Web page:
Review: It Takes Two

December 7, 2017 will be a night that the gaming world will never forget. At The Game Awards, filmmaker and game designer Josef Fares was set to discuss his studio Hazelight’s then-upcoming game, A Way Out. What happened was that Josef ended up going on a rant that included him shouting “F— the Oscars!!” which quickly went viral. Josef himself admits he was caught up in the moment, yet as awkward as it was, the sheer ecstatic feeling Josef clearly displayed told us that this was a man who was passionate about video games. Combine this passion with a desire to explore unique ways to see how games can be built around various forms of co-op play and you have someone who could actually create potentially groundbreaking stuff. And Josef’s passion has now lead us to It Takes Two, which may now very well be their magnum opus when it comes to these experiments.

It Takes Two is the story of May and Cody, a couple whose relationship is starting to go sour. They’re finally ready to see about a divorce, which their daughter Rose is sadly aware of. After crying on handmade dolls of their parents and all but wishing on a self-help romance book for them to fix everything, Cody and May suddenly awake to find themselves trapped in the doll bodies, understandably freaked out. Now having been shrunk, they have to head out across various areas of their house that have now taken a turn for the surreal, filled with bizarre characters, massive worlds, and the now-animated romance book, Dr. Hakim, who is dead-set on getting the two back together through various exercises, and thus two players need to help our couple see if they can survive their current troubles, both big and small.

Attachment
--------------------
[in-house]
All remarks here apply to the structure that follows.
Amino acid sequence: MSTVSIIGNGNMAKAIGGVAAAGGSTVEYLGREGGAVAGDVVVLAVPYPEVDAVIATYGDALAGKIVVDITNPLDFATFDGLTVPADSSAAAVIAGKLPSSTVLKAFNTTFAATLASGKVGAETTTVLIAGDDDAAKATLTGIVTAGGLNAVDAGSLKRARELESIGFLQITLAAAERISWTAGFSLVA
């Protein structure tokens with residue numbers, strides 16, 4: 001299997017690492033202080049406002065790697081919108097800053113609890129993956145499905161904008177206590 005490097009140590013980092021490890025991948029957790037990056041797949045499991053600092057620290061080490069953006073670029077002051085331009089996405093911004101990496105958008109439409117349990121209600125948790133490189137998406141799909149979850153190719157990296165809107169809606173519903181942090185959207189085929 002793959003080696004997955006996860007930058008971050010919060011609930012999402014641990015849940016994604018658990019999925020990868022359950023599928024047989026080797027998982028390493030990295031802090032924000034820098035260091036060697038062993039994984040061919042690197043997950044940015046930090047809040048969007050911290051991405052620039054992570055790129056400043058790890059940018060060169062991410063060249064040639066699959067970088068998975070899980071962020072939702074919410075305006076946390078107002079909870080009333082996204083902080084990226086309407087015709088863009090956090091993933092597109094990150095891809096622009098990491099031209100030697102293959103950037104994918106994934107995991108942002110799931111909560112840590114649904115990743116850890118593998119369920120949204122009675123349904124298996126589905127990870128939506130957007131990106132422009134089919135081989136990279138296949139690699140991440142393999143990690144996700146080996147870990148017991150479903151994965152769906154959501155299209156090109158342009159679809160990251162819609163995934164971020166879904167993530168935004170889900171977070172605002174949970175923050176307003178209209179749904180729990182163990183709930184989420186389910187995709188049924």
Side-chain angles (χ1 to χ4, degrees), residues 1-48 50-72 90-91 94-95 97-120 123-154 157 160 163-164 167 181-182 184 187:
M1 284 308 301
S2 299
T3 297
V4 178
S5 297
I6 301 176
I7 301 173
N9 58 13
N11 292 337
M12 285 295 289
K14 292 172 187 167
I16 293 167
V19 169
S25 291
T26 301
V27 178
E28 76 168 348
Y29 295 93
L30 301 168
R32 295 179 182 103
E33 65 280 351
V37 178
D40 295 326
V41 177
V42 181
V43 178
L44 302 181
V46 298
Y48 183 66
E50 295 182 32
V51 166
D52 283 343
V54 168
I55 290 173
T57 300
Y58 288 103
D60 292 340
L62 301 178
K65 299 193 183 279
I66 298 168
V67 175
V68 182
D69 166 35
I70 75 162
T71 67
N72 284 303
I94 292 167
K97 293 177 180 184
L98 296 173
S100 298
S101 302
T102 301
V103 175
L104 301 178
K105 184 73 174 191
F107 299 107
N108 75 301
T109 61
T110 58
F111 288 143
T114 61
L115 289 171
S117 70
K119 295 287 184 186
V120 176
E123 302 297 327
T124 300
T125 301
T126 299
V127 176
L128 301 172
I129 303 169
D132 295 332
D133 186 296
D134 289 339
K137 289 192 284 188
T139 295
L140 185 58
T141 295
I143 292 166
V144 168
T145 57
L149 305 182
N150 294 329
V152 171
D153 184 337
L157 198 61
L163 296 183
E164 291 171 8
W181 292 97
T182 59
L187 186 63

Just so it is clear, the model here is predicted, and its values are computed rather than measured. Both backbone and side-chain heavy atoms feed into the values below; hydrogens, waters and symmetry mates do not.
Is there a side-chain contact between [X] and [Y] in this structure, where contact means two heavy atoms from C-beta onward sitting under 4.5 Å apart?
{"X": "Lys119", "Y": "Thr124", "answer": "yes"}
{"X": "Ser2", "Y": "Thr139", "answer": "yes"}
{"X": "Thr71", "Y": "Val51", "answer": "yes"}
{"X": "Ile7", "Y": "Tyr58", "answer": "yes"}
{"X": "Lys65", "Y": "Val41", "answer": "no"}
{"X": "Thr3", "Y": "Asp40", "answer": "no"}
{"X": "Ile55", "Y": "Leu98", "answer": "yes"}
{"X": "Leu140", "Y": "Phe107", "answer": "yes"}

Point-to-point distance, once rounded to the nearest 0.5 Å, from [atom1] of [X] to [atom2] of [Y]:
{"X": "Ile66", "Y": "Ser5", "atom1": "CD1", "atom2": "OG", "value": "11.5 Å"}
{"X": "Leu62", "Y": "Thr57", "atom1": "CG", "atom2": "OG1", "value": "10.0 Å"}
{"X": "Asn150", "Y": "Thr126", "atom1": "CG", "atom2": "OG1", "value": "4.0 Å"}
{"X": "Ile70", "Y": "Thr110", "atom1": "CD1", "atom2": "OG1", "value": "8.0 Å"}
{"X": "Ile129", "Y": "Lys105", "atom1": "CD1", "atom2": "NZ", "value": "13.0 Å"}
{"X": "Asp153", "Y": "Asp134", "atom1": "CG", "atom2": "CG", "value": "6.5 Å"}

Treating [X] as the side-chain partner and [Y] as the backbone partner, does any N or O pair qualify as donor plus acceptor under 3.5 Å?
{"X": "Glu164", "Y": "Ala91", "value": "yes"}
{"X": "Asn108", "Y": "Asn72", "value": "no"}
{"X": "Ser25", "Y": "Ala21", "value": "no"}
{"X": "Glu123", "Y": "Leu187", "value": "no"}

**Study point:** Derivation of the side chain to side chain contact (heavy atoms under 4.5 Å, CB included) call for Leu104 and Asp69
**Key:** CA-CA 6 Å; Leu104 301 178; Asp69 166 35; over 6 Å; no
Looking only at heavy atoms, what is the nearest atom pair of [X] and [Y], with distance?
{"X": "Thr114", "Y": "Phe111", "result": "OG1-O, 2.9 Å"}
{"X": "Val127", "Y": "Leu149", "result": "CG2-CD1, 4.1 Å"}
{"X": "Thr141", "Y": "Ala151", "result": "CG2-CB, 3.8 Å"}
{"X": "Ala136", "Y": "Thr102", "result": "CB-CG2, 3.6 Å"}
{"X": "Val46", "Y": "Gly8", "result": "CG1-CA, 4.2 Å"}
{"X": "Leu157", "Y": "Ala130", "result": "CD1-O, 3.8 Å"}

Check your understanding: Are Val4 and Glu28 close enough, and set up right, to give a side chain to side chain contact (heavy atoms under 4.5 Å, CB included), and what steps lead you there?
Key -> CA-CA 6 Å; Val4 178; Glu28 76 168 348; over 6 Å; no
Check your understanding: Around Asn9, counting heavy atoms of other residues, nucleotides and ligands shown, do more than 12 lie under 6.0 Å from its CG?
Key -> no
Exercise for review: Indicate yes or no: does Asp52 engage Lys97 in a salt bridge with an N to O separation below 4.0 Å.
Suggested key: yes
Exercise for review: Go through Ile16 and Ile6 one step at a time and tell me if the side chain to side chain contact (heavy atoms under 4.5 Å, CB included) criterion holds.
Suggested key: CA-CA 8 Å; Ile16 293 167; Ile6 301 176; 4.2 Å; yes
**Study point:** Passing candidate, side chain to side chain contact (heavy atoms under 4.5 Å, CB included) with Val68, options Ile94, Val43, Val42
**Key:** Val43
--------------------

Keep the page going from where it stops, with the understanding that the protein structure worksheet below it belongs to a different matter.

It Takes Two is an epic platformer that’s strictly co-op, which leads to one of its greatest strengths and one of its greatest weaknesses. The strength would be the fact that Hazelight have crafted a game filled with so variety and so many amazing things to experience and interact with, you will want to enjoy them with a friend. Cody and May’s interactions help, but so many of the various distractions you encounter are just so perfectly crafted to be enjoyed by a duo. In fact, to drive the point home, I never encountered any story-based achievements or game-based ones like knocking out a certain number of enemies. Instead, all of them were for doing things like snapping pictures using a now-giant camera and some cardboard cutouts, riding a toy train or accidentally shooting the other into space with a seesaw. It drives home the point that It Takes Two is a game all about exploration and interaction with the environment in countless ways and it works perfectly.